The dream is rich with the truth of Jesus' love. We see Jesus suffering to protect his Iraqi children from U.S. bombs at the cost of his own flesh. We can feel the motherly compassion he feels for the Iraqi people and how he tries to keep them beneath his protecting body when they might scatter to be picked off by American snipers. In this Lenten season, these tears to the flesh of Christ are what we receive in our own bodies as repentance for the mortal sin of war and our silent complicity in it. Each bomb that falls on the Iraqi people rips another hole in the flesh of Christ.
When Shane awoke, he attended worship with the Iraqi Christians, who have since been decimated by internecine warfare in Iraq. After the service, an Iraqi bishop responded to Shane's query about Christianity in Iraq with the following, "He looked at me blankly and said gently, 'Yes, my friend. This is where Christianity began. You did not invent it in America. You have only domesticated it. Go back and tell the church in America that we are praying for them ... to be the body of Christ, to embody the gospel of Jesus.' His words still echo in my soul." - Shane Claiborne, "The Passion of the Iraqi Christ"
It does often seem as if the main American contribution to Christianity has been to "domesticate" it, extract its teeth, its bite, its power. How desperately we need the prayers of the Iraqis, both Christian and Muslim, so that we may at last become the body of Christ. Perhaps such prayers can rip us out of our air-conditioned spiritual dream, our fantasy land of higher beings who strangely care so little for the brothers and sisters whose lives and blood are the fuel of the empire which "protects" us and feeds us the luxuries that keep us tame. May we, like the Iraqi children, begin slowly to creep from beneath the rubble, covered with blood, but alive in Christ.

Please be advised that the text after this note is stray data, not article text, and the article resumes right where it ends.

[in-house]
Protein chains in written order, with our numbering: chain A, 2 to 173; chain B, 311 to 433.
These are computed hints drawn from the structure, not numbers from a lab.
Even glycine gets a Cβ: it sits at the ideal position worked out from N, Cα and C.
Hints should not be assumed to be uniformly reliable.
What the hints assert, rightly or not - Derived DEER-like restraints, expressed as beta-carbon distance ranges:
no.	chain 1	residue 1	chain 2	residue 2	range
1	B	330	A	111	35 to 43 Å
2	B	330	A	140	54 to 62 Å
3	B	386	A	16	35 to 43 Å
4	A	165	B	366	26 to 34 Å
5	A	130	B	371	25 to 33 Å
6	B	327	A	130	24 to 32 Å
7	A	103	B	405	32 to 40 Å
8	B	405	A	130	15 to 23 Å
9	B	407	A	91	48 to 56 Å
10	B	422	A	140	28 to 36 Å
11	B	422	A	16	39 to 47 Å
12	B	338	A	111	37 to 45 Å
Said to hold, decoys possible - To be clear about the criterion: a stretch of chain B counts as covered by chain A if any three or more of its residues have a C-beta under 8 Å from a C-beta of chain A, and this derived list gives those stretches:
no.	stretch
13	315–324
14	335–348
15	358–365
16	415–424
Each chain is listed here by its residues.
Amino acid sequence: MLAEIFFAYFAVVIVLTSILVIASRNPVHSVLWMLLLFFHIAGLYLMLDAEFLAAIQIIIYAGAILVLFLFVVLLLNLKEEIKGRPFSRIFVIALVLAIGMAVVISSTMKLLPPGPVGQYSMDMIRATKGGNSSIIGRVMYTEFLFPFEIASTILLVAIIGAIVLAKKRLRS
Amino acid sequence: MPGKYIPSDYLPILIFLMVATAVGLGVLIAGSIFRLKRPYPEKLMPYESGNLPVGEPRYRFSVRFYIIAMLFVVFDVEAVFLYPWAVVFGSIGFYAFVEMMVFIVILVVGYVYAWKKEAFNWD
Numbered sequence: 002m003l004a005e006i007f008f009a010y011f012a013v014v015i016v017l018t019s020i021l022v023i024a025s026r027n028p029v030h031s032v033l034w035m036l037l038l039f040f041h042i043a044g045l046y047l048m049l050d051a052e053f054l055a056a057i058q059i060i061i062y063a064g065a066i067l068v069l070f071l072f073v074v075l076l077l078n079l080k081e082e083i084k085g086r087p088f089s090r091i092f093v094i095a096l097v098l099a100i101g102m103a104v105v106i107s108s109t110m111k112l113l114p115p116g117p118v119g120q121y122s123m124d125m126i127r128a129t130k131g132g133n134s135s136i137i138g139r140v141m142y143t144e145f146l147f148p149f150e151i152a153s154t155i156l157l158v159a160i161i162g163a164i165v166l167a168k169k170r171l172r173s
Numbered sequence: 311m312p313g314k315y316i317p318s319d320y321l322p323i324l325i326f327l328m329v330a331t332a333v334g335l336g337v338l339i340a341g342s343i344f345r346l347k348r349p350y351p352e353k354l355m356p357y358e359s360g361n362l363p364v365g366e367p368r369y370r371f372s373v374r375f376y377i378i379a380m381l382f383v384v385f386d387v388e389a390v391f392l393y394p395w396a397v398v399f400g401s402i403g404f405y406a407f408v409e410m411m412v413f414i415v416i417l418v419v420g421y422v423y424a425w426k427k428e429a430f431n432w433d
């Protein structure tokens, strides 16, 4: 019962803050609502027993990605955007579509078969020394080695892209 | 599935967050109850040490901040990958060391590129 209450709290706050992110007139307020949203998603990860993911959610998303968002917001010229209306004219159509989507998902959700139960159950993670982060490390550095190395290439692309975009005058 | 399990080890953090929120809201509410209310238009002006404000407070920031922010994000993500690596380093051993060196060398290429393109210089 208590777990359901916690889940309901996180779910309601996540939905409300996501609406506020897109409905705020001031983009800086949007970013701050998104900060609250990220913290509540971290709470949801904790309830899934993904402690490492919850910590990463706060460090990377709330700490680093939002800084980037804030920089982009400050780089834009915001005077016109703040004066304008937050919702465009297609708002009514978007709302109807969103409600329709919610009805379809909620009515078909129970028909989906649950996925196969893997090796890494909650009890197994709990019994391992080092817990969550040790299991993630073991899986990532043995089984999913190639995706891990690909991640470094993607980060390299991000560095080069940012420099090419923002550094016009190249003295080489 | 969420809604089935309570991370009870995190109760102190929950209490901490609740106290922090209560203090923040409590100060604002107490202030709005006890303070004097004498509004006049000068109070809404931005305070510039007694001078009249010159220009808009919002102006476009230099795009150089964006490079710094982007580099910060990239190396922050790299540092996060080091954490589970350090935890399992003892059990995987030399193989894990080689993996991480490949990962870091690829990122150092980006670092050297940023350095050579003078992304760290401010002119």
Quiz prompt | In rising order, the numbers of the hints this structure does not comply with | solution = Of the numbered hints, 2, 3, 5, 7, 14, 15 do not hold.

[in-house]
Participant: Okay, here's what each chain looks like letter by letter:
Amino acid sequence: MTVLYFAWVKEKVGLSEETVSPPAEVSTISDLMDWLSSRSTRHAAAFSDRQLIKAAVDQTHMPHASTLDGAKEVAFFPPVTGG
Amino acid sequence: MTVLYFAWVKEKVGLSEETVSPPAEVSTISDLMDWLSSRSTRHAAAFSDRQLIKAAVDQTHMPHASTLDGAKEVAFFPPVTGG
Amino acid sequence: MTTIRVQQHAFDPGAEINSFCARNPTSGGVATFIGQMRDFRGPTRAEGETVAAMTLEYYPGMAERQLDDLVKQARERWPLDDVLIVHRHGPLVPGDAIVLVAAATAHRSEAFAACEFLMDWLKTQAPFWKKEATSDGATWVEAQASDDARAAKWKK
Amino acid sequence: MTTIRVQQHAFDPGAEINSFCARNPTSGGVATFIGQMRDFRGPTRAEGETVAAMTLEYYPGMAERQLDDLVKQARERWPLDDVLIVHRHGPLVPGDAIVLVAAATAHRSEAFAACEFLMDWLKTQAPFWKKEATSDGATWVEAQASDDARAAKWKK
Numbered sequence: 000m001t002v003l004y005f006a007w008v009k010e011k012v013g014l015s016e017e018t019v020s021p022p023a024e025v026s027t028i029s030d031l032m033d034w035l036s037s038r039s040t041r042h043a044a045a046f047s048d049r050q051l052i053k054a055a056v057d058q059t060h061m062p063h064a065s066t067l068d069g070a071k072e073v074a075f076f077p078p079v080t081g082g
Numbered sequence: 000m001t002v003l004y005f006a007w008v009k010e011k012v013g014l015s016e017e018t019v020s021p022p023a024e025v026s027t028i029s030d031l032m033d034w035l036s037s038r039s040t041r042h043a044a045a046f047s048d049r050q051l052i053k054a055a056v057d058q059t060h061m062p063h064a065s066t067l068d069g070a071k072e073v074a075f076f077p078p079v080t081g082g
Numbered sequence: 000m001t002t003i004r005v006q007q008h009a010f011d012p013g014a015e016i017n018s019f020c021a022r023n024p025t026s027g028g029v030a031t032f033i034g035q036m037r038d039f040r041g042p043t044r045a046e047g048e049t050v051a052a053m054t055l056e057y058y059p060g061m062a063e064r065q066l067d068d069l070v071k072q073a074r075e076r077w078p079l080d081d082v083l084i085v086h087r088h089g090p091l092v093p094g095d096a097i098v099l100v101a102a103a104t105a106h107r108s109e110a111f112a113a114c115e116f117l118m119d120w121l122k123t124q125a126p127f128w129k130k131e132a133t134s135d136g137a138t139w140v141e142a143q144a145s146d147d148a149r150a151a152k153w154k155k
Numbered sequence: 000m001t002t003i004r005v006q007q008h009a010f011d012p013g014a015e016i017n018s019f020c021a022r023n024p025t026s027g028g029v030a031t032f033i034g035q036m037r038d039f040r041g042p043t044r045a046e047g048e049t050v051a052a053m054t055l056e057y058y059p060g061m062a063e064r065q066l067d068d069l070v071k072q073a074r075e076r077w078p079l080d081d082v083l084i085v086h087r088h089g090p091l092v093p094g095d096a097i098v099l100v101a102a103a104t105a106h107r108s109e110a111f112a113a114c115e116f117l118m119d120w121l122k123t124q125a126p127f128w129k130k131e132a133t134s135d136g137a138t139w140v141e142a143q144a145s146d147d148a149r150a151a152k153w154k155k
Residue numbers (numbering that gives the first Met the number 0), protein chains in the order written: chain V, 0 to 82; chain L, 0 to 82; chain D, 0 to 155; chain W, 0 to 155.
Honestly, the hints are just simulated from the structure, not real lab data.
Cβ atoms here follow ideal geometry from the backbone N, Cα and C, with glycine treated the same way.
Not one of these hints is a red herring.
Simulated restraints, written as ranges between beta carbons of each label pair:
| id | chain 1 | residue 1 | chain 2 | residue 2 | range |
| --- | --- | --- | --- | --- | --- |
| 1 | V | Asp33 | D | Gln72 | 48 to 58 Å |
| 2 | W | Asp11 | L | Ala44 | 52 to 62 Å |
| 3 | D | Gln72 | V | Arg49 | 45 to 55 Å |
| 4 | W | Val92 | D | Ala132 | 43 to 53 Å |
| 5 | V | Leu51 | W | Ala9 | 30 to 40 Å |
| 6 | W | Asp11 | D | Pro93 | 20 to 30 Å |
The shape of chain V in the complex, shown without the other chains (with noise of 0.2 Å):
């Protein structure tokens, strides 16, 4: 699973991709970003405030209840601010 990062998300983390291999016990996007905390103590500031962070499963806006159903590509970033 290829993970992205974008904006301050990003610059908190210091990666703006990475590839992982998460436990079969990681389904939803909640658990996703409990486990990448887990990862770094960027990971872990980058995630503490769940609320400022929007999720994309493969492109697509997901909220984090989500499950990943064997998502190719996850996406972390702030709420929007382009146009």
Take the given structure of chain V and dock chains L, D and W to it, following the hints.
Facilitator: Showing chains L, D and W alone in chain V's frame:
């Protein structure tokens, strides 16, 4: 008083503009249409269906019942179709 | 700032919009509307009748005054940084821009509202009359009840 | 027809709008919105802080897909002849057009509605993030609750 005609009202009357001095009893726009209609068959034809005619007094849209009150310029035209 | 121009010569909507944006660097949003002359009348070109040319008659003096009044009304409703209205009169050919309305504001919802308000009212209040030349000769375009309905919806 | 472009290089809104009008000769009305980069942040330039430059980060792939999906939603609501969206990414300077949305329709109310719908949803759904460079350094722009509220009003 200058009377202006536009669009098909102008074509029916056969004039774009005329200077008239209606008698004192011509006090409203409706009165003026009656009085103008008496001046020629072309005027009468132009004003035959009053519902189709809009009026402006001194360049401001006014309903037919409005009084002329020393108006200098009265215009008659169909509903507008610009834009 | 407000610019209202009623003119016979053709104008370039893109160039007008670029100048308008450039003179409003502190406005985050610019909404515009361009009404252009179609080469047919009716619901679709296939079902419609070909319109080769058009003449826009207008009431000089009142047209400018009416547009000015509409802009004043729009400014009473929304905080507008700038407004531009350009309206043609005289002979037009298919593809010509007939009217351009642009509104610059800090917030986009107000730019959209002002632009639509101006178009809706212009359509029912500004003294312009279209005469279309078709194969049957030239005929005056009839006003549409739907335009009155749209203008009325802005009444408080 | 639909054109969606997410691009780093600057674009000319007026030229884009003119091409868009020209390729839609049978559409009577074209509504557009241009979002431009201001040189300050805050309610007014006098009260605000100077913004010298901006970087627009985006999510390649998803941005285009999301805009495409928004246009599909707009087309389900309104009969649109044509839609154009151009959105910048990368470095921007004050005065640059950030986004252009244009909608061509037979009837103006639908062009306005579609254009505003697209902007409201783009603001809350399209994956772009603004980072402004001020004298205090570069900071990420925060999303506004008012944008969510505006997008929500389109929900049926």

The "gospel of prosperity" is indeed a fitting religion for the empire. Those who accept it will get their reward, but it will not be the reward which Jesus Christ gives. The liberation which Jesus brings us is the inward growth toward an ever-deepening and ever-widening sympathy with our brothers and sisters across the wide world, especially those suffering political and economic oppression. "In terms of the Gospel, the history of man's liberation from injustice is an outward aspect of the inward growth of man into God. Liberation is the consequence of God's explosion of love in history, made visible in the cross of Jesus of Nazareth. Liberation is the political expression of humanity's transformation in love. It becomes possible whenever man turns from the will to power and instead acknowledges in his depths the power of Love. The growth of God's Love in man, and his transformation into the man-God, is the process which results finally in the breaking of chains and the freeing of slaves. The political liberation of humanity is a sign of God's redeeming presence breaking the bonds of sin." - James W. Douglass, "Resistance and Contemplation"